/ Construction / World’s Largest Telescope to Be Placed on Chilean Mountain Top

World’s Largest Telescope to Be Placed on Chilean Mountain Top

Matt Ball on July 6, 2016 - in Construction, Projects

Take some of the world’s most sensitive astronomical instruments including more than 900 mirrors with a diameter of up to 4.5 meters – 798 of them are hexagonal and extremely vulnerable to changes in temperature and mechanical shock. Add some very advanced and innovative technology to compensate for atmospheric disturbances, wind and other factors and you have yourself a fragile package of goods.

All this has to be moved from factories in Europe to a mountain top in the Chilean part of the Andes – for a total price of almost 1.5 billion euros. Ramboll will control the logistics.

When the telescope is completed in 2024, it will be the largest ever made: the dome itself will be almost 100 meters in diameter – the size of the Colosseum in Rome – and as such it has been named accordingly as the ‘European Extremely Large Telescope’ (E-ELT). The primary mirror is 39.3 meters in diameter and will capture as much light as all the world’s telescopes today combined.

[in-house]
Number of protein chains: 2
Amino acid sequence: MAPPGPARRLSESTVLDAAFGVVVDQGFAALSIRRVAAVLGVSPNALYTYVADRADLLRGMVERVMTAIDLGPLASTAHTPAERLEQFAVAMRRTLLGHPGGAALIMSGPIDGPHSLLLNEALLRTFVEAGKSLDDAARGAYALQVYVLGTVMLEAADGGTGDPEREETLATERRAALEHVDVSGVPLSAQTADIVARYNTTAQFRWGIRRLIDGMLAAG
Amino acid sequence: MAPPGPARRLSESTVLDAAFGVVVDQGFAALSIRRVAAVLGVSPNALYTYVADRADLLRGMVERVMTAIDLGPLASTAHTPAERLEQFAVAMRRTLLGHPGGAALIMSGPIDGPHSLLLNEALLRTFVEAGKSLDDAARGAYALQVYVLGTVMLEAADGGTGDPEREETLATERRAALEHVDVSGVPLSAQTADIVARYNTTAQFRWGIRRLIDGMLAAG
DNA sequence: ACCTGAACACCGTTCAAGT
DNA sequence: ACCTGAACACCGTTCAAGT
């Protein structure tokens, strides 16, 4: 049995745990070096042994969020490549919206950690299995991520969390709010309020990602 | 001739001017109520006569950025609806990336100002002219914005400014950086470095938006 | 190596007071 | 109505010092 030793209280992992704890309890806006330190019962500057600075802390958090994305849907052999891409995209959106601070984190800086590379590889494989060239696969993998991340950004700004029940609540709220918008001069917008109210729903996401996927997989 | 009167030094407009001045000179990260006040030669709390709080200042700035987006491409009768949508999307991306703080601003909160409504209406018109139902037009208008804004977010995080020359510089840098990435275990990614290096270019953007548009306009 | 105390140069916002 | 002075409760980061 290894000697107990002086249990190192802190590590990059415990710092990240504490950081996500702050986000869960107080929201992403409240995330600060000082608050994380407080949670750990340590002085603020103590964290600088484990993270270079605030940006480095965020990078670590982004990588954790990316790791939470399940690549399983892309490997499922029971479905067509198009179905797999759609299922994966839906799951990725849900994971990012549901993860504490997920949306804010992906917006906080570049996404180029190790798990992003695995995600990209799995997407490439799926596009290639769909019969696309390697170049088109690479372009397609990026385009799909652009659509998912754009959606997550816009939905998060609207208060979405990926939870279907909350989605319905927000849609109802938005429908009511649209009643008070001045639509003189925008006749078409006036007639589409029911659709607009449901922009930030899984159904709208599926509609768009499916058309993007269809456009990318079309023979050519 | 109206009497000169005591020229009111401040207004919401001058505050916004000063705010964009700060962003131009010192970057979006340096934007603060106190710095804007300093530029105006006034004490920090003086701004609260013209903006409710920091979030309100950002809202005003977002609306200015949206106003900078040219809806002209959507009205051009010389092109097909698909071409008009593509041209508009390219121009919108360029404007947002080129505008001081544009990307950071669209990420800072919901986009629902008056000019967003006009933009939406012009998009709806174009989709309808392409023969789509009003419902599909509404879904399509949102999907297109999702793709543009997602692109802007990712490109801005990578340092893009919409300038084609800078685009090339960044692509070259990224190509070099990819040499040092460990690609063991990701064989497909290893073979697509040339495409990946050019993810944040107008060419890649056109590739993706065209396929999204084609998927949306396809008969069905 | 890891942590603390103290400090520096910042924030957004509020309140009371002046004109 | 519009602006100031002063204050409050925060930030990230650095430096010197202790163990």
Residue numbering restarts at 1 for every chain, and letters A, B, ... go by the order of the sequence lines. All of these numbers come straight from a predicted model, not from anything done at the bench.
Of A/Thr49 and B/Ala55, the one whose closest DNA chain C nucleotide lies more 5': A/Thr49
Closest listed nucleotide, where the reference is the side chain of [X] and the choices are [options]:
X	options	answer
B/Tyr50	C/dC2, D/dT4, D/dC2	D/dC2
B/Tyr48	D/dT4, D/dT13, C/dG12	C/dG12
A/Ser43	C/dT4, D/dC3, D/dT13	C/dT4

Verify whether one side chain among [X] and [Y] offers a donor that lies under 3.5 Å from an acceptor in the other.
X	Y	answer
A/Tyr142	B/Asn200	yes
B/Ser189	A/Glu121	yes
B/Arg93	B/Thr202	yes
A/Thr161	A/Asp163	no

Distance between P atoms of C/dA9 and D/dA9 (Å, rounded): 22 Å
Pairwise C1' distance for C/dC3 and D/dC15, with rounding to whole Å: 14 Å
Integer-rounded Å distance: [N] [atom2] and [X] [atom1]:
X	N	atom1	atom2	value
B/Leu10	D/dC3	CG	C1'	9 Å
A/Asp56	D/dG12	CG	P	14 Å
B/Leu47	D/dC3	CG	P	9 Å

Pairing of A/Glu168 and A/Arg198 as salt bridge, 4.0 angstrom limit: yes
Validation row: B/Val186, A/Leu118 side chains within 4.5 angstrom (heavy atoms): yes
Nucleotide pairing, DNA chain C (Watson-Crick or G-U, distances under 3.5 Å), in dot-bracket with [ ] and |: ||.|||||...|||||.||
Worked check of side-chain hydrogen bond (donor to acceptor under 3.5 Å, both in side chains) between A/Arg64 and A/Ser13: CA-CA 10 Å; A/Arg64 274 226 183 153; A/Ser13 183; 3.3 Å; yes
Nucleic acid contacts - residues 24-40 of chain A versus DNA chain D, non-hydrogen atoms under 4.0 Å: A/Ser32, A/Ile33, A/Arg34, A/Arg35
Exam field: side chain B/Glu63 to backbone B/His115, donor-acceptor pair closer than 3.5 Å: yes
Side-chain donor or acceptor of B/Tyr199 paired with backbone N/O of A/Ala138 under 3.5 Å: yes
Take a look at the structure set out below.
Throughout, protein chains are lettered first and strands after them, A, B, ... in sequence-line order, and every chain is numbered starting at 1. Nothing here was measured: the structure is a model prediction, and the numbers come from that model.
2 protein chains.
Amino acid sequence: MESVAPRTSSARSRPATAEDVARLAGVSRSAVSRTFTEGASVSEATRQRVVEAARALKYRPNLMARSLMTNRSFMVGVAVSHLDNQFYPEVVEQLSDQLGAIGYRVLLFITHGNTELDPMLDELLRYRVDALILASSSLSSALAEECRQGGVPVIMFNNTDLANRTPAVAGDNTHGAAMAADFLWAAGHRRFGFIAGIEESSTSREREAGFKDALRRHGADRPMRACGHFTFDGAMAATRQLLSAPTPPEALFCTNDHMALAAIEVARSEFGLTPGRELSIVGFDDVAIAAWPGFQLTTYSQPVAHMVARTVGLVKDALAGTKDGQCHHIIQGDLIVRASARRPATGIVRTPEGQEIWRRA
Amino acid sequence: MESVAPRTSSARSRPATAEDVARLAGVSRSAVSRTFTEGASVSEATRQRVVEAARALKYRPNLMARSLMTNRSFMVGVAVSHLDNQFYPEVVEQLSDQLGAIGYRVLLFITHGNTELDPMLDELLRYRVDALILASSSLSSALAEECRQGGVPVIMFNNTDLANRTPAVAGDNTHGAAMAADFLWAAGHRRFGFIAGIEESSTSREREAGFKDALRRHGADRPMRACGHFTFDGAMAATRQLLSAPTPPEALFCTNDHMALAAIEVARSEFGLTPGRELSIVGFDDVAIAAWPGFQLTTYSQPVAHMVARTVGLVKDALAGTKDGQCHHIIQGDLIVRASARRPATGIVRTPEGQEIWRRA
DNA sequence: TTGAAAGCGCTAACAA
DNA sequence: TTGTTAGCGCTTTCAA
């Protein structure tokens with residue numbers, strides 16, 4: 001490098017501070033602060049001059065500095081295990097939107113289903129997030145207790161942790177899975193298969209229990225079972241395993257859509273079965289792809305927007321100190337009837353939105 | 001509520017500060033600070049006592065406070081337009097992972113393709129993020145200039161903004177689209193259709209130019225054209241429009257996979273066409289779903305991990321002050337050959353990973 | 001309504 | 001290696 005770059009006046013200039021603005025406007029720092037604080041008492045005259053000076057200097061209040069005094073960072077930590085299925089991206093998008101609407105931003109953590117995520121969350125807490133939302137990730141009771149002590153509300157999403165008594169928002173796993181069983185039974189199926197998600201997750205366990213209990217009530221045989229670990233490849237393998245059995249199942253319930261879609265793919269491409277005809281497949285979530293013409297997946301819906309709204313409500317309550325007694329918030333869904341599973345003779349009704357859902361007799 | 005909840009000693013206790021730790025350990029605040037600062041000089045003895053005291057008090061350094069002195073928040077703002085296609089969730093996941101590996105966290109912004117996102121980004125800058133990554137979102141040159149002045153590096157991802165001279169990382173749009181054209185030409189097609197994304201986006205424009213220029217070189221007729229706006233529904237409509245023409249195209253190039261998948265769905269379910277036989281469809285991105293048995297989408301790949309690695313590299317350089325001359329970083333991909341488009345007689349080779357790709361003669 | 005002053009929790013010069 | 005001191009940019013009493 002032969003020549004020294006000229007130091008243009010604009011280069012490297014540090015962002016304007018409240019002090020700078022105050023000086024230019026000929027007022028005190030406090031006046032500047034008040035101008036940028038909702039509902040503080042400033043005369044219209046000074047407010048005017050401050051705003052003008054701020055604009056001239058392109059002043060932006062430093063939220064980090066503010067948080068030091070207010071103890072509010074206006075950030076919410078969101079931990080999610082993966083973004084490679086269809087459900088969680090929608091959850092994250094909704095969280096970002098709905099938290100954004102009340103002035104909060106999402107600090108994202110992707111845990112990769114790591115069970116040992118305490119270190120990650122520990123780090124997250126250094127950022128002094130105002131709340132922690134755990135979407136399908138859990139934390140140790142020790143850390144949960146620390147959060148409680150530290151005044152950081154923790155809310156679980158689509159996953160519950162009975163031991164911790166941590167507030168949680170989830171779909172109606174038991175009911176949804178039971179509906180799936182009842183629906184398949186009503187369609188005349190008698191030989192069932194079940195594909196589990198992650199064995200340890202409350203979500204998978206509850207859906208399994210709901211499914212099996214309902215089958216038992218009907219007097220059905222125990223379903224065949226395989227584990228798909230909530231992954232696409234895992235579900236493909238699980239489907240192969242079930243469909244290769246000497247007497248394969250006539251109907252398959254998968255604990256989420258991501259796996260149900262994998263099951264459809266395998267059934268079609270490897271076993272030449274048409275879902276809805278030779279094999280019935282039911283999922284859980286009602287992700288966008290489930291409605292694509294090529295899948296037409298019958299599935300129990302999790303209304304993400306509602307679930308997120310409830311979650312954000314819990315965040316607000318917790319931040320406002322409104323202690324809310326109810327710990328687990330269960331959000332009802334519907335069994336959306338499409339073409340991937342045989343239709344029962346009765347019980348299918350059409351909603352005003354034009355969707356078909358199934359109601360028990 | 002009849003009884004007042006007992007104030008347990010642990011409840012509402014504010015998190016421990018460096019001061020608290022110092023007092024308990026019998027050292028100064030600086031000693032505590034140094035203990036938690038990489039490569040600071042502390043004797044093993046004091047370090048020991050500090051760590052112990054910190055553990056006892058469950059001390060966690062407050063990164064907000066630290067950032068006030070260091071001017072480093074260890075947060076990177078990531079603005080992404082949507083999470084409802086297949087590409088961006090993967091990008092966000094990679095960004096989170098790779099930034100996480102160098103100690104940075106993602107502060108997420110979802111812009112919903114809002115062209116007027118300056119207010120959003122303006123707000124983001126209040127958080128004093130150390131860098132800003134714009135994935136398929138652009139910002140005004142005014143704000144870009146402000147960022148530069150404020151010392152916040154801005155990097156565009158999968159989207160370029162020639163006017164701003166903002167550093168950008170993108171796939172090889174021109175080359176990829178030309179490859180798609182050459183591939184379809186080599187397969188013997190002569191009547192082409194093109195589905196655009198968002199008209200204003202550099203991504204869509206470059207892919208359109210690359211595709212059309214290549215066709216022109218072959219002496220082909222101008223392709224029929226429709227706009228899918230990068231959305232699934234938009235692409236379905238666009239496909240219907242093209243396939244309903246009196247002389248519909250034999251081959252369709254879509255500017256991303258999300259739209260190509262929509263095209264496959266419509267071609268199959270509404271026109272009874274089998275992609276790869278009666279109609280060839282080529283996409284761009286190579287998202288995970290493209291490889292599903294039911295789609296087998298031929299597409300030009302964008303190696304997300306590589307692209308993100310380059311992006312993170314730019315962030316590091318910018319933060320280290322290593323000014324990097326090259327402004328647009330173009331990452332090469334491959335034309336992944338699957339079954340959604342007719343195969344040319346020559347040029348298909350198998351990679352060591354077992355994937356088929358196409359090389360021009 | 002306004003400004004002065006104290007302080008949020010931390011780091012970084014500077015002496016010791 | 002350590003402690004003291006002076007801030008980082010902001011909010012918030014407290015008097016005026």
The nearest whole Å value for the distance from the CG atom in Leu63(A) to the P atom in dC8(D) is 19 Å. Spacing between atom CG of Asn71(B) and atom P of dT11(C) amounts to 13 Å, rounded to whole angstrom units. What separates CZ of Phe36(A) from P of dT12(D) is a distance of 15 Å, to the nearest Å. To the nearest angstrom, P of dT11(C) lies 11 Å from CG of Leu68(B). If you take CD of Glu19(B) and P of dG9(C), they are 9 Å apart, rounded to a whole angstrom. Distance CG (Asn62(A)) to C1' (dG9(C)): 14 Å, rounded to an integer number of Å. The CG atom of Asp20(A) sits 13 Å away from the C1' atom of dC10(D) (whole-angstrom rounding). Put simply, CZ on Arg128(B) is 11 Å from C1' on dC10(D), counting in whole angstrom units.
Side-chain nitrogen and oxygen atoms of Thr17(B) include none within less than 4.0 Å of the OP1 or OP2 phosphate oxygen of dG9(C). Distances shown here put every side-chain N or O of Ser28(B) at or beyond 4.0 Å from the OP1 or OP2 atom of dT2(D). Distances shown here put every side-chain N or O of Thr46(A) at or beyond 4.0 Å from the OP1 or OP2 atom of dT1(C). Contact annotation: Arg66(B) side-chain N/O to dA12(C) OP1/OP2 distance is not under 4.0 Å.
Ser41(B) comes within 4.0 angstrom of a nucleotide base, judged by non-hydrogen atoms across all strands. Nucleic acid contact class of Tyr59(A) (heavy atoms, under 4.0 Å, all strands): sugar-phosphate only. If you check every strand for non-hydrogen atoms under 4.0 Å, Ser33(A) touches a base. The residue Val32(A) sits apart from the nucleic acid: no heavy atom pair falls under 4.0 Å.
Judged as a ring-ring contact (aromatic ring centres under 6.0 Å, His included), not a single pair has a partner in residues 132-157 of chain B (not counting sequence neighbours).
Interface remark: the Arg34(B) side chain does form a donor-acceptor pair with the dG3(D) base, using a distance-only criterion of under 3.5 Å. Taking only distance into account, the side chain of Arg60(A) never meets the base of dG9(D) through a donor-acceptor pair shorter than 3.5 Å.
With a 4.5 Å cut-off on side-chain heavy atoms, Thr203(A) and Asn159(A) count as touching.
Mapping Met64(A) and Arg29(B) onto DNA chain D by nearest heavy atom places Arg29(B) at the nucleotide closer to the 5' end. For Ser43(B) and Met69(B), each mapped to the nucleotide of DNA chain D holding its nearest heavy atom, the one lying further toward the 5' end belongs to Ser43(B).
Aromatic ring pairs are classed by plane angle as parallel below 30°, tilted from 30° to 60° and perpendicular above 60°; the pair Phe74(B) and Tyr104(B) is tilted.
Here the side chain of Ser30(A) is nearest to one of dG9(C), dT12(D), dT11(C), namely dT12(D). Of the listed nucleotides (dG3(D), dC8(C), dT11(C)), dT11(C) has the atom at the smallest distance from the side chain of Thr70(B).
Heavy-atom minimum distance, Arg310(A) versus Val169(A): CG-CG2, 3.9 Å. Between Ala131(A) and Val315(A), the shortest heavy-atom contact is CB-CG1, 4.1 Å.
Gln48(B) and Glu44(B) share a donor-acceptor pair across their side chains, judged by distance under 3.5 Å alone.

In a galaxy far far away

Located on top of Cerro Armazones in northern Chile, the telescope will gather eight million times more light than Galileo’s telescope of the renaissance era. It will enable astronomers to identify galaxies more than 13 billion light years away or search for life on planets around other stars in our own galaxy, The Milky Way.

The production time for mirrors and instruments is several years, and a potential casualty during the manufacturing process or in the logistics chain between the factory and the telescope would be disastrous.

In 2013, Ramboll was chosen as consultant for the procurement and construction process – and now European Southern Observatory (ESO) also wants Ramboll to identify, assess the risks and formulate a strategy for the logistic operation.

“Transporting such structures over land, sea and partly by air takes very sophisticated operations in itself. A large part of the mission has been to understand precisely how such a telescope works”, says Håvard Gaustad Harbo, Senior Management Consultant in Ramboll Norway.

He refers to the fact that many of the major components to the telescope have not even reached the drawing board yet.

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